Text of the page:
Now, personally, I have never been a big fan of vice presidential debates. What is there to debate? Vice presidents don't make policy. In fact, it is only in the last 40 years that the vice president has been treated as a legitimate and contributing member of the executive branch — but the transition has been a work in progress. Vice presidents still serve, as they always have, as the designated national representatives at foreign weddings and funerals. Vice presidents also preside over the Senate and cast votes when needed to break ties.

(That is why the distinction is made in this year's midterm elections that Republicans need to control 51 seats to take over the Senate whereas the Democrats need to control 50 seats. The decisive vote in a tie in the Senate belongs to the party in the White House because the vice president presides over the Senate.)

Otherwise, their chief responsibility is to stay awake during tedious Senate debates, even if they are battling jet lag from having just returned from a funeral halfway around the world.

But if vice presidential debates focused only on those experiences that qualify a person to be vice president, no one would tune in. After all, who wants to hear people talk for 90 minutes about their experience attending funerals or weddings or how they managed to stay awake through tedious legislative debates?

So vice presidential debates focus on issues that presidents are able to influence — sometimes — and other times are not able to influence. In short, a vice presidential debate is predicated on the assumption that one of the participants will one day become president, by assassination or election or maybe even resignation, and, consequently, it is necessary to know the candidates' views on abortion and guns.

Actually, the notion that it is inevitable that a vice president will one day be president is absurd. Forty–seven men have served as vice president; fourteen went on to become president. That's less than 30% — and most of them became president following the death of the incumbent. It is by no means certain that they would have been elected president on their own. Five only served out their predecessors' unexpired terms, then faded into obscurity. Only four (that's less than 9%) were elected to the presidency without the benefit of having ascended after the death or resignation of someone else — and two of them were elected before presidential elections started involving a popular vote in the early 19th century.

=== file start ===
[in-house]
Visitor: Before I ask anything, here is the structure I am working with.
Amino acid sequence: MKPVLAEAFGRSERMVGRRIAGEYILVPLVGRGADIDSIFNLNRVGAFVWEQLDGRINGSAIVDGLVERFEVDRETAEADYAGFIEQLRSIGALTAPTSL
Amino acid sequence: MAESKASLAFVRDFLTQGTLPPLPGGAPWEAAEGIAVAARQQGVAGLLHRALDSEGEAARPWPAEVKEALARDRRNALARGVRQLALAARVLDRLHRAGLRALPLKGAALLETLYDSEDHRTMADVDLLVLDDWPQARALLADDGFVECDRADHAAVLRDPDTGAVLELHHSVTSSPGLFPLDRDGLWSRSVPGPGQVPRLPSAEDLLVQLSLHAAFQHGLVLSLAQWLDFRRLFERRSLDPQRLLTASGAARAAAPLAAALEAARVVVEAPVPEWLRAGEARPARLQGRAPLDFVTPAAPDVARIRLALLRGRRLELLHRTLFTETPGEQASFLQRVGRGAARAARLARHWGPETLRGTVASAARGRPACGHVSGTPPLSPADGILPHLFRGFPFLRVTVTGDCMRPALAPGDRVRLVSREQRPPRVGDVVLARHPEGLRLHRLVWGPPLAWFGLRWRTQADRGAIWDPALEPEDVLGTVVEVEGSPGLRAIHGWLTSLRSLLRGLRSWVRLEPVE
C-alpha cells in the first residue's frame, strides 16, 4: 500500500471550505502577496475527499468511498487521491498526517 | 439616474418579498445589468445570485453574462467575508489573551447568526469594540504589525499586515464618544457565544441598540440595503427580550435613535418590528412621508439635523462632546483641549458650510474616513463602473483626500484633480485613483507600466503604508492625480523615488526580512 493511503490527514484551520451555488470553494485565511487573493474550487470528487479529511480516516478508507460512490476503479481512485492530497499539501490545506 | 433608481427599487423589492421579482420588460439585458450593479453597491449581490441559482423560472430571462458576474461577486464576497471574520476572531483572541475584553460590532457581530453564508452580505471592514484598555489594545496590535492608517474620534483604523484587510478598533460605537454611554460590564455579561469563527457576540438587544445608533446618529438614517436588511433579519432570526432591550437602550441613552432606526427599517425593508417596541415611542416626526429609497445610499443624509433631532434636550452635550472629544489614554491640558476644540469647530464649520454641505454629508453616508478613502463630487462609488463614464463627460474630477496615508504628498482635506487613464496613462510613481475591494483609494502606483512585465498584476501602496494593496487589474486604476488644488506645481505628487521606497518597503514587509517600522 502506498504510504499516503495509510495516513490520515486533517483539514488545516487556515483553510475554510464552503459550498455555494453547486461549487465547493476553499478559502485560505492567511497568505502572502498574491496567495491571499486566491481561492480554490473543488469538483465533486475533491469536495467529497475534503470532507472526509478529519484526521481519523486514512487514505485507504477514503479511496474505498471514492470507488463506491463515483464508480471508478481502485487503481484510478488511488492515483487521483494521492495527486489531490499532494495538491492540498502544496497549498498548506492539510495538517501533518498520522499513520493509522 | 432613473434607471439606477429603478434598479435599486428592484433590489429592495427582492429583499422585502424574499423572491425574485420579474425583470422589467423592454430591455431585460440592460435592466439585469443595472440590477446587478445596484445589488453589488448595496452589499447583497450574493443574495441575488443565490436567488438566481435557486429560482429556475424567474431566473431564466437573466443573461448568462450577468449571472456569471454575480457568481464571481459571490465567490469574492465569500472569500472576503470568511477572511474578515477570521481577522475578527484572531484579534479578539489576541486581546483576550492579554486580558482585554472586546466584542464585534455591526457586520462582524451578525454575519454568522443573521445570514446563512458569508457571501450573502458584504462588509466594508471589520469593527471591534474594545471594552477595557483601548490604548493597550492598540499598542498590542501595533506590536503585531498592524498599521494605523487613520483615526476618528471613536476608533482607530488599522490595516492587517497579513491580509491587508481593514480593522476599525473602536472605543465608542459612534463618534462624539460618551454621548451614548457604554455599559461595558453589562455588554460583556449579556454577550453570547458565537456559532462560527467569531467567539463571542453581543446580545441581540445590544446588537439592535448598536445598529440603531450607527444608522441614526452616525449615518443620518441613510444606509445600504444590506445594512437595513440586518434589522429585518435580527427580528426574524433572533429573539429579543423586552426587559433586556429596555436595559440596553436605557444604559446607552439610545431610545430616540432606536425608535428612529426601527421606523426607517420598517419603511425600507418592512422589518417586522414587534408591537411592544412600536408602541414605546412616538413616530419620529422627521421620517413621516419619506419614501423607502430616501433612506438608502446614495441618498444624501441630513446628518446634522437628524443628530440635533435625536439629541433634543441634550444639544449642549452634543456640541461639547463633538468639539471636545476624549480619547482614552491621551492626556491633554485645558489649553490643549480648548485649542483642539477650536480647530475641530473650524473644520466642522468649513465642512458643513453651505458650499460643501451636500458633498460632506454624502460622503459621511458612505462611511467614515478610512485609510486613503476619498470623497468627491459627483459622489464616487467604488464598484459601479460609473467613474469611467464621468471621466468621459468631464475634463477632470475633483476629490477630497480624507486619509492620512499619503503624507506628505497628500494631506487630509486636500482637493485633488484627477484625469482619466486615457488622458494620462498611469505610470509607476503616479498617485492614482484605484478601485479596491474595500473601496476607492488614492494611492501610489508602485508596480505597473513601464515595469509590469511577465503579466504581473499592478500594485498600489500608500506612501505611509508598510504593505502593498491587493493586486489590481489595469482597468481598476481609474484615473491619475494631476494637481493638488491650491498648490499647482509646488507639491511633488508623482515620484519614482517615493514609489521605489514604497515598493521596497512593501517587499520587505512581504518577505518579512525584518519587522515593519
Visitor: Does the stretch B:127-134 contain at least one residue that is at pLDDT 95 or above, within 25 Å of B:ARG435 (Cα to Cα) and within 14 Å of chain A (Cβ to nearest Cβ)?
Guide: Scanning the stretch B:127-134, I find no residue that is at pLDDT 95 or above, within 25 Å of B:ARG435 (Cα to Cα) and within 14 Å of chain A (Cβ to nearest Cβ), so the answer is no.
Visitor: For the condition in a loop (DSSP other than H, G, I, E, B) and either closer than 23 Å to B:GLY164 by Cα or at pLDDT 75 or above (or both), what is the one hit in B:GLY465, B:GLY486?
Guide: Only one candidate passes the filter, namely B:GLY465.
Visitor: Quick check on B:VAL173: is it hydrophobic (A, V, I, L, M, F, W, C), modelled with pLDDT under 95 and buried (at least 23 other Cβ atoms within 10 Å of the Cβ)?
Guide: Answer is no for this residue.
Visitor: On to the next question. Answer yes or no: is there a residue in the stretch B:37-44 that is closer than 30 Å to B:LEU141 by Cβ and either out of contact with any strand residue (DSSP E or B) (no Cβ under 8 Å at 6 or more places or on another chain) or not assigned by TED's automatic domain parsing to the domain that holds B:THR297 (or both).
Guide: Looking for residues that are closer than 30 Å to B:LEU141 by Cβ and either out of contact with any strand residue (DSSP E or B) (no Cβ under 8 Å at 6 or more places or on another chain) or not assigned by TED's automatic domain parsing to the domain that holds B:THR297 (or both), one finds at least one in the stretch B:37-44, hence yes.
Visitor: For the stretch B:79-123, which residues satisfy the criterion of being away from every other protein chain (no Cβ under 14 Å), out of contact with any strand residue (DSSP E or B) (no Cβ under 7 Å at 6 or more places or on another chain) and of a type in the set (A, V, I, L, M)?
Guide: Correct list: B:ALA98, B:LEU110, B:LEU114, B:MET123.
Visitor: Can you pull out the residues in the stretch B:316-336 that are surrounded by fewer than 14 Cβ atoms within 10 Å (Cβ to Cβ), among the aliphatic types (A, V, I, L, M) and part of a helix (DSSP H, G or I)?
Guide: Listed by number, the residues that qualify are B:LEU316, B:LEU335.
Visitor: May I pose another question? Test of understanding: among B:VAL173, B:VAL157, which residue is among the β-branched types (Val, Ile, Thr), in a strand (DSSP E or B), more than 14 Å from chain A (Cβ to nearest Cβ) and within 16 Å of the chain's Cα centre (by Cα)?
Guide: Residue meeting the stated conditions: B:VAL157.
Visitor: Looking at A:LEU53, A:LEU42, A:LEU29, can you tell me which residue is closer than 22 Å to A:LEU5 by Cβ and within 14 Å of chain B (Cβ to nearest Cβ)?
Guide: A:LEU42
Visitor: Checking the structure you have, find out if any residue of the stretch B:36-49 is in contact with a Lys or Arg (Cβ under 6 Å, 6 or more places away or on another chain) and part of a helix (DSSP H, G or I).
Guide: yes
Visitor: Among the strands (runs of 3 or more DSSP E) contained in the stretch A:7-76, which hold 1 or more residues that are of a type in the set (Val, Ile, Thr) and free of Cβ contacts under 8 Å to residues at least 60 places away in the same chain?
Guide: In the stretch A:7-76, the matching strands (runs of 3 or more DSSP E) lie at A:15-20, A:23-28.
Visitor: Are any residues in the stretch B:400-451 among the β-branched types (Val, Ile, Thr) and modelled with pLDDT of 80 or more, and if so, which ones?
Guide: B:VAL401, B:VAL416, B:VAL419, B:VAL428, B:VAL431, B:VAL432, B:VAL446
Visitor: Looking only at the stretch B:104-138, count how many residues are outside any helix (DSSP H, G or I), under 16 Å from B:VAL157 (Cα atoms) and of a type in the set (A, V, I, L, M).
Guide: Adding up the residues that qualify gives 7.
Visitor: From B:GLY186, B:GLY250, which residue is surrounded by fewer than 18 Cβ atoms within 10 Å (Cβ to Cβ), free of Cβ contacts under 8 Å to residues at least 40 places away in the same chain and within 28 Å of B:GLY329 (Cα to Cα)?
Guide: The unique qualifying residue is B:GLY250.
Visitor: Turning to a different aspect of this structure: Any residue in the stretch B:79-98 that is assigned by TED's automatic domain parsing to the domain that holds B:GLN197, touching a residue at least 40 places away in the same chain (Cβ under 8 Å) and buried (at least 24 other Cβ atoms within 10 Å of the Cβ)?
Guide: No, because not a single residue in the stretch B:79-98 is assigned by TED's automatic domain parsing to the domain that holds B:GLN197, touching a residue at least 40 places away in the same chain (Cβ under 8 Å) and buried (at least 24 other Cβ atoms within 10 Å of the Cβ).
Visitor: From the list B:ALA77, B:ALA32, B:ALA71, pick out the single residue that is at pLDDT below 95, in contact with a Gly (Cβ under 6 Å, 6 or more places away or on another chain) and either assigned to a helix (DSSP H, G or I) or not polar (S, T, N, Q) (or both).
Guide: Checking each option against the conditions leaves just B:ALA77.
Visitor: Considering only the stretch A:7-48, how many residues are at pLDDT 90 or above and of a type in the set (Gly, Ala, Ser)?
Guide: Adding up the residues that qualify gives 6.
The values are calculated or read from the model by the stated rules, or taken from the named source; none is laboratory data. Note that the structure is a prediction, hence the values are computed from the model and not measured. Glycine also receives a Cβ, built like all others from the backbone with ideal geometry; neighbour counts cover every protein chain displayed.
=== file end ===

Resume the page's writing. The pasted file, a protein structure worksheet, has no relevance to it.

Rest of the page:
The vice presidency simply never has been the stepping stone to the presidency that you might think it would be.

Many vice presidents have gone on to seek the presidency on their own. Many failed to win their party's nominations — and all who did win the nomination after 1836 and before 1988 were defeated (with the exception of 1968, when Richard Nixon, running as a former vice president, won both the Republican nomination and the general election).

George H.W. Bush, of course, had sought the presidency before — in 1980, he had been Ronald Reagan's top rival for the Republican presidential nomination before being chosen to be Reagan's running mate. Ferraro, however, never had sought the presidency. She had barely sought the House seat she occupied, having won three terms, and was barely known outside her district.

So why was it important? It was important for Democrats to keep the momentum going after Mondale's first debate with Reagan. The polls showed the Democratic ticket trailing the Republican ticket by a wide margin — correctly, too, as it turned out — and the Democrats' hopes for victory depended on a perception of sustained momentum.

Bush's objective was simple — halt the Democrats' momentum, then Reagan could close the deal in the rematch with Mondale later that month.

My memory of that night is that neither candidate was the clear winner — which, in some ways, was a victory for Bush because it supported opposition arguments that the Democrats' momentum had stalled. If Bush had been the clear loser, the Democrats would have had momentum decisively on their side when Mondale faced Reagan in their second and final debate a week and a half later. But the absence of a clear winner changed the conversation.

For the next couple of decades, women were frequently mentioned as potential running mates for presumptive nominees — but such talk was mostly to appease women voters. A vice presidential debate has been part of every presidential election since 1984, but Ferraro remained the only member of the club of major–party female nominees for almost a quarter of a century.

It was a week shy of 24 years later — on Oct. 3, 2008 — that a female nominee participated in another vice presidential debate. That was the day that then–Gov. Sarah Palin of Alaska, the first female nominee on a Republican ticket, and then–Sen. Joe Biden met in their only debate of the 2008 campaign.

Once again, the conclusion was that the debate had been a draw. As nearly as I could tell, the 2008 vice presidential debate, like the one in 1984, had no influence on the outcome of the race.

Tuesday, October 7, 2014

Savoring a Short-Lived Triumph



"I would rather lose a campaign about decency than win a campaign about self–interest."

Walter Mondale
Oct. 7, 1984

On this night 30 years ago, Walter Mondale's presidential campaign seriously began to entertain thoughts of winning the election.

In hindsight, of course, such thoughts were ludicrous. On Election Day, Ronald Reagan won a 49–state landslide. No one has won the presidency with such a sweeping landslide since.

Mondale had struggled since the summer convention to be regarded as a plausible alternative to Reagan, but he hadn't gotten much traction. After their first debate on this night in 1984, though, it was said that Mondale's campaign staff had been "tap dancing down the aisle" of Mondale's campaign plane.